Please Visit our sponsor: http://www.thelittleusedstore.com
The Gabrielinos lived on Santa Catalina, San Clemente, San Nicholas, and on the mainland in what is now the Los Angeles basin and surrounding valleys. Their ancestors came to California from the Great Basin of North America ( Southern Oregon and Nevada ) and spoke a Shoshonean dialect or the Uto-Aztecan language, much different than the language of the Chumash who were the existing inhabitants to their north. There is archeological evidence that Native Americans were living in what became the Shoshonean region as far as back as 10,000 years ago, and the specific date of the Shoshoneanï¿½s arrival is not known. Archeologists have found that there were prehistoric settlements up and down the coast of the Los Angeles basin, from Malibu in the north past Laguna Beach in the south, and inland to the San Gabriel Mountain foothills. The Gabrielino village names - Xujungna, Tovemunga and Kingingna - are noticeably different than the Chumash language place names.
The early Gabrielinos lived by gathering roots and seeds, hunting wild deer and antelope, by fishing and by shellfish harvesting on the mainland. They came to learn to build plank canoes from their neighbors to the north, the Chumash. And eventually they migrated out onto Santa Catalina Island. The tomol enabled the Gabrielino to begin fishing deeper waters for shark, bonito, halibut, sardines and yellow tail fish. The islanders brought steatite back to the mainland to trade for seeds, deer hide and rabbit skin, continuing the link between the island and mainland peoples through ongoing trade. The Gabrielinos had their own art, music and cosmology - and their distinctive art forms were sand paintings and rock art.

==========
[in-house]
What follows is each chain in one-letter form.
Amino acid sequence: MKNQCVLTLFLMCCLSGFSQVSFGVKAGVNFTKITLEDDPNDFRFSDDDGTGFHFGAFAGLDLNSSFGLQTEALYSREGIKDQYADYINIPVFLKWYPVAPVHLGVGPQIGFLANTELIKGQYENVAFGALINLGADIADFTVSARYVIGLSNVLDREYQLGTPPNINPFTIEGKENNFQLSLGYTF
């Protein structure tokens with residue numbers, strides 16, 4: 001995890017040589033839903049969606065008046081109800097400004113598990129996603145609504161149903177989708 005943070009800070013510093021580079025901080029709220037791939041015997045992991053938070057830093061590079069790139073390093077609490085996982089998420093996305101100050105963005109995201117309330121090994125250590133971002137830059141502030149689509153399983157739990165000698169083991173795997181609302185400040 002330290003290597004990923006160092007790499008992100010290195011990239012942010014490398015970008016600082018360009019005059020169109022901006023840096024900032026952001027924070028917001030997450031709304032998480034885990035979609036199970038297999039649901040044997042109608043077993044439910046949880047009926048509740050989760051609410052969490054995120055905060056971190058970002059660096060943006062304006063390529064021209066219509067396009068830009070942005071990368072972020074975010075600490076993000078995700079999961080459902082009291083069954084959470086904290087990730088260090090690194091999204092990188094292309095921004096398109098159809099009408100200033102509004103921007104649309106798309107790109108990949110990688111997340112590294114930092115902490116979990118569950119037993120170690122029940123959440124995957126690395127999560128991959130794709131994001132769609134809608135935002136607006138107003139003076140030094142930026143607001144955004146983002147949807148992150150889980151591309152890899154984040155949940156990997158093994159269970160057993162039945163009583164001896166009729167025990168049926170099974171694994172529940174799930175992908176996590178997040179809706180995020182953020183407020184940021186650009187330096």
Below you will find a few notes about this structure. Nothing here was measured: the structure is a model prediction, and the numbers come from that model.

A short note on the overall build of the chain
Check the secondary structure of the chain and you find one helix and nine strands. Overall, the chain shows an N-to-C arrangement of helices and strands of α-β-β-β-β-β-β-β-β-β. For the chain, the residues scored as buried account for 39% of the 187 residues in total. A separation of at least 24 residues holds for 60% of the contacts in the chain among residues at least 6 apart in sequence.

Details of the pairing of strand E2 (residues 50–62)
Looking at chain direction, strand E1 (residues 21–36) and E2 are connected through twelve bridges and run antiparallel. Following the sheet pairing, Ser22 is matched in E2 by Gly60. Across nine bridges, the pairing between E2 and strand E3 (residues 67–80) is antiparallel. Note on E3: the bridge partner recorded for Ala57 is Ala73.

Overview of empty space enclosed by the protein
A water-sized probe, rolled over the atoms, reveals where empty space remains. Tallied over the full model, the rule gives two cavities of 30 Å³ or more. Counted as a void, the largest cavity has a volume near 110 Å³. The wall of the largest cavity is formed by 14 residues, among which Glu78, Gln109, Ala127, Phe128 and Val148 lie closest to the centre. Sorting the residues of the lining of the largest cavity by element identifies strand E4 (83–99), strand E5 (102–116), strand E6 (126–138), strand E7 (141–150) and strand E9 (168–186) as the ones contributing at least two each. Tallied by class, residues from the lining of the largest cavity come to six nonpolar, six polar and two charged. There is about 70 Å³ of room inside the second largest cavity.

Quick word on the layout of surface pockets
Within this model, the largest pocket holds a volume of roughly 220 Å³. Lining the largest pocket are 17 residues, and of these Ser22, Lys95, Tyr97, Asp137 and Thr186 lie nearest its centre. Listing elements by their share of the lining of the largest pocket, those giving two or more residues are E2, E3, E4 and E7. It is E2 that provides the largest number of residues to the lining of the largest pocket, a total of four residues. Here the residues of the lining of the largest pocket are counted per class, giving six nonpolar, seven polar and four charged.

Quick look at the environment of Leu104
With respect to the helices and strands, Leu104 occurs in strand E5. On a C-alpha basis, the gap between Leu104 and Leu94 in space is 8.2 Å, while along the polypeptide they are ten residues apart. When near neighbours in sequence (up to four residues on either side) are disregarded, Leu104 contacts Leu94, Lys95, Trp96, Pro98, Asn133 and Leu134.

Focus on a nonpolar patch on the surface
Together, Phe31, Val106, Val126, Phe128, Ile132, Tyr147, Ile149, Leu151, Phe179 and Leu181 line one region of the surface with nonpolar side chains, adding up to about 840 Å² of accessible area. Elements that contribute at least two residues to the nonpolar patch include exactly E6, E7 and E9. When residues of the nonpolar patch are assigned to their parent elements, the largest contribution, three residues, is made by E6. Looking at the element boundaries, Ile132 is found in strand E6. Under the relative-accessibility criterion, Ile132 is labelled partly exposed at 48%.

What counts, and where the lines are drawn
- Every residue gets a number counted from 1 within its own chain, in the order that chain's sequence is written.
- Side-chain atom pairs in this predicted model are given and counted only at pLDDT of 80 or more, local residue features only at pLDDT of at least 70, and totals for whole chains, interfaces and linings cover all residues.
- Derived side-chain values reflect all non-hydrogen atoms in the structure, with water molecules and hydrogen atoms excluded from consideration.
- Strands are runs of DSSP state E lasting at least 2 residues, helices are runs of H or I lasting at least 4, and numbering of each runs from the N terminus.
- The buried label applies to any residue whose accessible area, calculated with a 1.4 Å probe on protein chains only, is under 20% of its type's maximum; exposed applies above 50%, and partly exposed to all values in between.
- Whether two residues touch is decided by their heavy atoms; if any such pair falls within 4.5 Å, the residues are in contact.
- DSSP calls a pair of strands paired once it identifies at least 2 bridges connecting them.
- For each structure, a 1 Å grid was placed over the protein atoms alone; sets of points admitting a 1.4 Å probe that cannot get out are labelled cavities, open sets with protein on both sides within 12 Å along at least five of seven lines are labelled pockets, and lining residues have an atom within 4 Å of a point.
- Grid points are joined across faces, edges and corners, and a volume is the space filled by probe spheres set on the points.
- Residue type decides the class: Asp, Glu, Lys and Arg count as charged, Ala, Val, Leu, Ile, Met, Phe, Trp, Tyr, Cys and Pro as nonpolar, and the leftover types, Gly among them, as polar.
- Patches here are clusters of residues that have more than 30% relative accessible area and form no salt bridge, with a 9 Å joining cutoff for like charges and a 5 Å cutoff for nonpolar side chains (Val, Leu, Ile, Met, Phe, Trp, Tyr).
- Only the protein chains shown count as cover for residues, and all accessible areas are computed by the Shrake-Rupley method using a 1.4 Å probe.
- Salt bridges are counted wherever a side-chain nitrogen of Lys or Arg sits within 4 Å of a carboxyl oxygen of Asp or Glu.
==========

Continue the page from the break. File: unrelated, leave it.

Migration across the Channel to the islands can be dated from charcoal deposits at Little Harbor on Santa Catalina that date back 4-5,000 years, neighboring San Nicholas Island was also heavily occupied 2,500 - 4,000 years ago, and findings on San Clemente date back further to nearly 10,000 years ago. It is probable that these earliest remains are from native peoples who preceded the Shoshonean group on the islands - most likely relatives of the Chumash group to the north. The most recent native islanders are believed to have arrived on the Southern Channel Islands approximately 2,500 years ago.